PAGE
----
In recent years, soft skills are playing an increasingly important role in the job market. They are the type of skills linked to the socio-cultural background and to the area of natural attitudes, fundamental for relating in a profitable and efficient way in the working environment.
It should not be too surprising if, in a globalized and hyper-technological world like the one we live in – where new forms of workforce are emerging (e.g. artificial intelligence), alongside or in some cases replacing the more traditional ones – soft skills are becoming more and more valuable in the eyes of employers.
The aptitude for team-work; the ability to adapt; excellent planning and problem solving skills, as well as a strong predisposition to keep up to date in real time, or even knowing how to communicate in an effective and engaging way, are among the most requested skills in the modern world of work.
How much do soft skills matters in terms of selection nowadays? Definitely a lot, if, as emerged from a study conducted by Harvard University, together with the Carnegie Foundation and the Standard Foundation Center, 85% of professional success comes from having well-developed transversal and human skills.
Only 15%, on the other hand, is linked to hard skills, that is the technical skills and knowledge, those acquired during the didactic / educational path.
According to a document by Microsoft and Mckinsey, between 30 and 40% of future jobs will depend on socio-emotional skills. And there is more: according to a research directed by Kelvin Murray & Co, in the 2015, 97% of the interviewed employers considered soft skills as essential for the growth and success of their business model.
Yet, almost paradoxically, 54% of employees stated that they had not included soft skills in their curriculum vitae.
This shows that having full awareness of soft skills in the case of the worker, or knowing how to recognize them in that of the employer, is not at all trivial. Indeed, choosing a candidate with the right soft skills represents one of the most complex challenges to face for the main players in the labor market.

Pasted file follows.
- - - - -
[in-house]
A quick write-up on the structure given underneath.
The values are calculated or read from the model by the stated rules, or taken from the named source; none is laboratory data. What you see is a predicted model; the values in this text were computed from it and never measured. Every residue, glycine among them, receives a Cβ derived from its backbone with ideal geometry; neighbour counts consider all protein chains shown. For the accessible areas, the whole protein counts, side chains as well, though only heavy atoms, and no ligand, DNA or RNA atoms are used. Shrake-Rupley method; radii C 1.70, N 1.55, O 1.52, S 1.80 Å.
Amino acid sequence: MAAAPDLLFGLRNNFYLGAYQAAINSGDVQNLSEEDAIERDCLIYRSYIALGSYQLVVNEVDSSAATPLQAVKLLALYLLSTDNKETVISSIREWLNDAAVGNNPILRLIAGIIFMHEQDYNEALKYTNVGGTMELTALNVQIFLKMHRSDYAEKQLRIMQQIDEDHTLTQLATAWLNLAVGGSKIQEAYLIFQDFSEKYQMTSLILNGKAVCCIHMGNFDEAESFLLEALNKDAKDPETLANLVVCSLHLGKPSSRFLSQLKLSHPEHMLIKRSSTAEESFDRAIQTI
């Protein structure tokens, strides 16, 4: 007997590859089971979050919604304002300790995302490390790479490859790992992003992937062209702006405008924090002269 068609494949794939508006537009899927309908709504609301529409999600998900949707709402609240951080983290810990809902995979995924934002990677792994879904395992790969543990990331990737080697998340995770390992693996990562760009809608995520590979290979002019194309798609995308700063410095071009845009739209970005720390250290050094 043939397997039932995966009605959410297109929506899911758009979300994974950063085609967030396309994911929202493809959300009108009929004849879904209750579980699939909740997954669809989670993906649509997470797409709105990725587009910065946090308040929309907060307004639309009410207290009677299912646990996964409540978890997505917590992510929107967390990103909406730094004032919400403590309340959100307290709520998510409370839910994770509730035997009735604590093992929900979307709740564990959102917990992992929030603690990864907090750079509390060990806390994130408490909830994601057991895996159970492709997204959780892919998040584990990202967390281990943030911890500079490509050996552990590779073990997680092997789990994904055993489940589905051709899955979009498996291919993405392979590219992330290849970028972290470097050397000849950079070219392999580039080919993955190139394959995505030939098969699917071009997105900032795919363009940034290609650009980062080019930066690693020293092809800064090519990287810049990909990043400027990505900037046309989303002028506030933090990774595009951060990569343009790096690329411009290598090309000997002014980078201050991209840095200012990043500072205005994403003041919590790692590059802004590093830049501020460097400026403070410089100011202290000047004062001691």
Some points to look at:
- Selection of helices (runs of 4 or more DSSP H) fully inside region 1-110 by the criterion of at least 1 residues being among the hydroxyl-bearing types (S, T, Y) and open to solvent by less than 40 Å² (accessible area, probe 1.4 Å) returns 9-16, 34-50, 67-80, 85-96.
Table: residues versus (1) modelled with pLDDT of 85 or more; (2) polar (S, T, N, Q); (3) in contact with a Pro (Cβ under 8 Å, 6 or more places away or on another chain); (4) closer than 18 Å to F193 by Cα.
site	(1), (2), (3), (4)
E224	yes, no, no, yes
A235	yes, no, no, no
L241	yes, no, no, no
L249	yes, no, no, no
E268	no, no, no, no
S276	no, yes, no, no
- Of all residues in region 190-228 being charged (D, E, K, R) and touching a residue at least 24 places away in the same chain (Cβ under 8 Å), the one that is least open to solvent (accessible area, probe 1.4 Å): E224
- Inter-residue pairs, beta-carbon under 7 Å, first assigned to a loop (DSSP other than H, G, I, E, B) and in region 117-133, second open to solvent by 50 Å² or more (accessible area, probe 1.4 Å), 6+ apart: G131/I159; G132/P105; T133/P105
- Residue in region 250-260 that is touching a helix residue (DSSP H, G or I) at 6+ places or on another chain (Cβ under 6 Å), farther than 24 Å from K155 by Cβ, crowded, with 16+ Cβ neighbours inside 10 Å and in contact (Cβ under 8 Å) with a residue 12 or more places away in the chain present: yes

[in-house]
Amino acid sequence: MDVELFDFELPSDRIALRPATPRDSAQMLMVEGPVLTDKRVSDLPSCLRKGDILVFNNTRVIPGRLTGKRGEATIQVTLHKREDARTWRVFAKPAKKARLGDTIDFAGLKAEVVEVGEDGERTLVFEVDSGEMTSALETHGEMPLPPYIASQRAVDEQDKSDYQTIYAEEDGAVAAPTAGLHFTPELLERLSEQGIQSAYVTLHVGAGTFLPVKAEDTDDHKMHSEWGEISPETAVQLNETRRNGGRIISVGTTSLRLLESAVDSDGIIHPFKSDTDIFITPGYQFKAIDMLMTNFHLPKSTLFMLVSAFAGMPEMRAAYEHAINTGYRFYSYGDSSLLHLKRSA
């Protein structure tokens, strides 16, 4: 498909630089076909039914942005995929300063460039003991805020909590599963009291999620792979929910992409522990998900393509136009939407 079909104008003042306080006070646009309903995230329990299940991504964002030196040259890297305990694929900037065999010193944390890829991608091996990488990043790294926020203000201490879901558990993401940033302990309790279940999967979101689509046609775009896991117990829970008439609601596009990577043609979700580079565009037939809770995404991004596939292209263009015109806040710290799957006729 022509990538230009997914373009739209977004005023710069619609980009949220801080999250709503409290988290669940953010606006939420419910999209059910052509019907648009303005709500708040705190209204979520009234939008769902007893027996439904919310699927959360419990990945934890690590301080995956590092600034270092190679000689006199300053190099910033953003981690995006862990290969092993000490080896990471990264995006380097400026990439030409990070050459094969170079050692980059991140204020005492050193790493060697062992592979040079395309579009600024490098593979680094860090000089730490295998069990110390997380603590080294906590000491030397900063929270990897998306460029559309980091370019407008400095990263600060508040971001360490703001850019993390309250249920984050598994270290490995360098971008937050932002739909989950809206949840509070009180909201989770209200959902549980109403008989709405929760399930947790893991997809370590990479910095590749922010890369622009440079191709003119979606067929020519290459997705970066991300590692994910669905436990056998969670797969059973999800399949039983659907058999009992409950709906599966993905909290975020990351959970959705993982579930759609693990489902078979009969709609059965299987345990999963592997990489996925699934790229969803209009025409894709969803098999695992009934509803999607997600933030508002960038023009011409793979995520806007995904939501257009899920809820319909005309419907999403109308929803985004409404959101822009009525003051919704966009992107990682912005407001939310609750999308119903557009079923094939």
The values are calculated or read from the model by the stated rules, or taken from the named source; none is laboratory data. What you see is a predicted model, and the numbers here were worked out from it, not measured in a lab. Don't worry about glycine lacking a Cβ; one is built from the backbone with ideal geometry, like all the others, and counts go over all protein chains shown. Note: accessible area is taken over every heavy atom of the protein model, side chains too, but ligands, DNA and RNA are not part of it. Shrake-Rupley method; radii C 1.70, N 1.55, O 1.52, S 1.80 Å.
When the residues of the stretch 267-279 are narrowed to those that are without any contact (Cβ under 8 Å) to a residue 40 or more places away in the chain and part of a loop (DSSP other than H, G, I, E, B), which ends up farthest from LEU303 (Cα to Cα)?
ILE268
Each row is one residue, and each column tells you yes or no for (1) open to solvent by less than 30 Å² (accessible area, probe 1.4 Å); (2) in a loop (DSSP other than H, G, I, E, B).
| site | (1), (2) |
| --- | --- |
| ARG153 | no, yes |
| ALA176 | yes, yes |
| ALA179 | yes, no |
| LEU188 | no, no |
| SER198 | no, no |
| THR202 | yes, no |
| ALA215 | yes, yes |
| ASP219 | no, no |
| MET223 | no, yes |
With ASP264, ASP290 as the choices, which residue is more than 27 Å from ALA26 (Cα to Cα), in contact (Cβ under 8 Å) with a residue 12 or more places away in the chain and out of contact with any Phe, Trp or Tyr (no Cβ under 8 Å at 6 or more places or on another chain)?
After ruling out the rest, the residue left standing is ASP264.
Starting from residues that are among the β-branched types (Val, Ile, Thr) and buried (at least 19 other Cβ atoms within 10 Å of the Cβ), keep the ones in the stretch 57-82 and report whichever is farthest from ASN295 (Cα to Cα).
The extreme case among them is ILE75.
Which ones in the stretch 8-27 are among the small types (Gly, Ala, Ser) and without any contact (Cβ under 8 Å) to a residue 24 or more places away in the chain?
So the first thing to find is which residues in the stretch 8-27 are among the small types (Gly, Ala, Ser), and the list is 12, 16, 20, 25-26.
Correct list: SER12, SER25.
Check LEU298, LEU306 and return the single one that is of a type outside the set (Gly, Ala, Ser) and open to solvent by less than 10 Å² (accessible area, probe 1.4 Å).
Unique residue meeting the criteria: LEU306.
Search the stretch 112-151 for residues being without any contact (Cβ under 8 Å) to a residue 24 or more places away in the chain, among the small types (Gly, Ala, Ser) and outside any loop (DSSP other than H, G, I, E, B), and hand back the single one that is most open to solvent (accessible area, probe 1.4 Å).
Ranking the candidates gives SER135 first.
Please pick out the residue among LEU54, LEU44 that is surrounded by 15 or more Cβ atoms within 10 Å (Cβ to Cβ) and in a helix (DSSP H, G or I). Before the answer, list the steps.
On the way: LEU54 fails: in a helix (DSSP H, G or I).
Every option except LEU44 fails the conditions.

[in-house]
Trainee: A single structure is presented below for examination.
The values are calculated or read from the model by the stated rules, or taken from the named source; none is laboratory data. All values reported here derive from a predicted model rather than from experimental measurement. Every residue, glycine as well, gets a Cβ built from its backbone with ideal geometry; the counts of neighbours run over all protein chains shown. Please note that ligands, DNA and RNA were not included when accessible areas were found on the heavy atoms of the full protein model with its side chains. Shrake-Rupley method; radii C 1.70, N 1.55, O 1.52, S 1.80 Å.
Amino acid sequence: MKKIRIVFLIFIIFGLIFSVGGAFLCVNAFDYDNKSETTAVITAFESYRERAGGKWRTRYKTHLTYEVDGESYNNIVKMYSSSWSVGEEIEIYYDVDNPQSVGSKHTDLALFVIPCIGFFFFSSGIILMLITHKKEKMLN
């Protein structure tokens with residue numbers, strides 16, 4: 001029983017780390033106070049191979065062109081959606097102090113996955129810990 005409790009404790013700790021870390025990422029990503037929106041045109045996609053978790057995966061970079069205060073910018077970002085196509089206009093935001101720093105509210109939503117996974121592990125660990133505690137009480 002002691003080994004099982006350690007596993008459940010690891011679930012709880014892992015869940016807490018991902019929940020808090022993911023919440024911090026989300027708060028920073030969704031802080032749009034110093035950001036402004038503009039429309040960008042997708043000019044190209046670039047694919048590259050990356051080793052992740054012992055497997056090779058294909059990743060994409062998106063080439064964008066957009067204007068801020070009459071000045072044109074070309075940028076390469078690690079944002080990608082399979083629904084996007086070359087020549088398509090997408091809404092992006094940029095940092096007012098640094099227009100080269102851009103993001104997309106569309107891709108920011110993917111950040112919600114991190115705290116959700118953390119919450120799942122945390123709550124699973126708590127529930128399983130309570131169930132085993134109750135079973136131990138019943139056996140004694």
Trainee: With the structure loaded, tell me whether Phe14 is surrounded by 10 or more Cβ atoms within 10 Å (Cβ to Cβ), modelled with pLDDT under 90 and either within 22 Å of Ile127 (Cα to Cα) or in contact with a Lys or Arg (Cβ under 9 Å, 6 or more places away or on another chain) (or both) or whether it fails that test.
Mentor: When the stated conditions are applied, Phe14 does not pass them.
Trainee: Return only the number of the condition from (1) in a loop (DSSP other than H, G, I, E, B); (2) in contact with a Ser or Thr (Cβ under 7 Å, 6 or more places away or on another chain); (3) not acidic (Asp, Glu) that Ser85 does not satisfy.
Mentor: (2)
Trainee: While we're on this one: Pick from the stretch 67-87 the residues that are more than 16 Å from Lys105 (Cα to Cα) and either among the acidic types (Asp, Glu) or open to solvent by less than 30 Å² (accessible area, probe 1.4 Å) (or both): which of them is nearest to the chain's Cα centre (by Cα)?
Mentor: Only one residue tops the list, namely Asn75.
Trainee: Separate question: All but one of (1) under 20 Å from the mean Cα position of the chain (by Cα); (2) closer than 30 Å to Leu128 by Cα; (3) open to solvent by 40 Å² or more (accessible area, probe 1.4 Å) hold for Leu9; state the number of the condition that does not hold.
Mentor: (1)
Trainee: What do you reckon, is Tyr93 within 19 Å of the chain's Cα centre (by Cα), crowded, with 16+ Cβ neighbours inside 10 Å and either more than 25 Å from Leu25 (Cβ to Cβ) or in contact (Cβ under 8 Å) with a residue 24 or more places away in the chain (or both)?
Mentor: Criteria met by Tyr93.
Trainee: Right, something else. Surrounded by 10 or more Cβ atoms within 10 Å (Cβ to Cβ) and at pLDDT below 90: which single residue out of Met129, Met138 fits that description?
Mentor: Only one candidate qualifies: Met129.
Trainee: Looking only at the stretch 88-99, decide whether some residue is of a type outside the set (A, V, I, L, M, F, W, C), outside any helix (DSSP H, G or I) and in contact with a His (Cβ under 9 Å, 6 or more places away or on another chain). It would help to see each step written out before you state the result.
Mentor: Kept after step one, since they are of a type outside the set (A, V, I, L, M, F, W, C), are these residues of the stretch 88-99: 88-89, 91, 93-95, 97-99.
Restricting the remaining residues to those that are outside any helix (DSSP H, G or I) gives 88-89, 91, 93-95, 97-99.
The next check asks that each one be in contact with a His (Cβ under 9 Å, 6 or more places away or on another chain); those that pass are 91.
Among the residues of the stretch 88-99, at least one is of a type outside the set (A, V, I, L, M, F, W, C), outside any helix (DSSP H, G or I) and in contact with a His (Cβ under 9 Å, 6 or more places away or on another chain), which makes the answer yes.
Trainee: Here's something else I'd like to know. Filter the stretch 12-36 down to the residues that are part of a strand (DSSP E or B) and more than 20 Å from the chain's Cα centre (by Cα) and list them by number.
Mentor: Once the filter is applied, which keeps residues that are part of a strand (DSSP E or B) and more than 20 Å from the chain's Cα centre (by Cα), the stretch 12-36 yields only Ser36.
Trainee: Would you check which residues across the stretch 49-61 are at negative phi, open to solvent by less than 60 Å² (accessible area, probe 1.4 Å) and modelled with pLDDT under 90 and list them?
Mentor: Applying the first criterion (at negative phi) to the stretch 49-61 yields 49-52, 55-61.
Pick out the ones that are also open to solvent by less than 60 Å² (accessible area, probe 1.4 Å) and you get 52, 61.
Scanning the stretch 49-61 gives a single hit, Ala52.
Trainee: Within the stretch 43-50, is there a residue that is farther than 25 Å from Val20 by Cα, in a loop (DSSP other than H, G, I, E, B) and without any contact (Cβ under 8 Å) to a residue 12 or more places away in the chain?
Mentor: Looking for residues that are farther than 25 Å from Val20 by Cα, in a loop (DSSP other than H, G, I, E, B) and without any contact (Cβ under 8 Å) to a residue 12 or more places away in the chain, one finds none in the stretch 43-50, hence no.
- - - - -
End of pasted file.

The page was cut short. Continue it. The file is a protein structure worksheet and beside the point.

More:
Another problem to be solved is to ensure the development of soft skills.
Something not to be taken for granted: only 31% of employers provide their employees with the tools necessary for the development of soft skills.
But, in order to be able to “extract” value from them, soft skills must be continuously explored, developed and enriched through an adequate training course. It is about guiding employees towards success, offering them the necessary tools to achieve it, putting them in a position to be able to realize their professional ambitions.
All this is also in the employer’s interest. According to MIT researchers, who analyzed a 12-month soft skills training program with a particular focus on problem solving and decision making, investing in soft skills training can lead to returns of up to 250%.
What are the most precious soft skills? In 2014, a giant like Google conducted a test in an attempt to draw up a hierarchy: coaching was the most important soft skill. The ability to listen and communicate, as well as the ability to have innate intuitions, also are on the podium. More or less the same skills most in demand on LinkedIn in the pre-pandemic two-year period, with the addition of creativity, collaboration and persuasion.
The trend is now clear: the nature of the job market is constantly evolving. And soft skills – along with job flexibility, pay transparency and the new and more widespread awareness of workplace harassment – are one of the most important aspects of this change.
Written by Vincenzo Lacerenza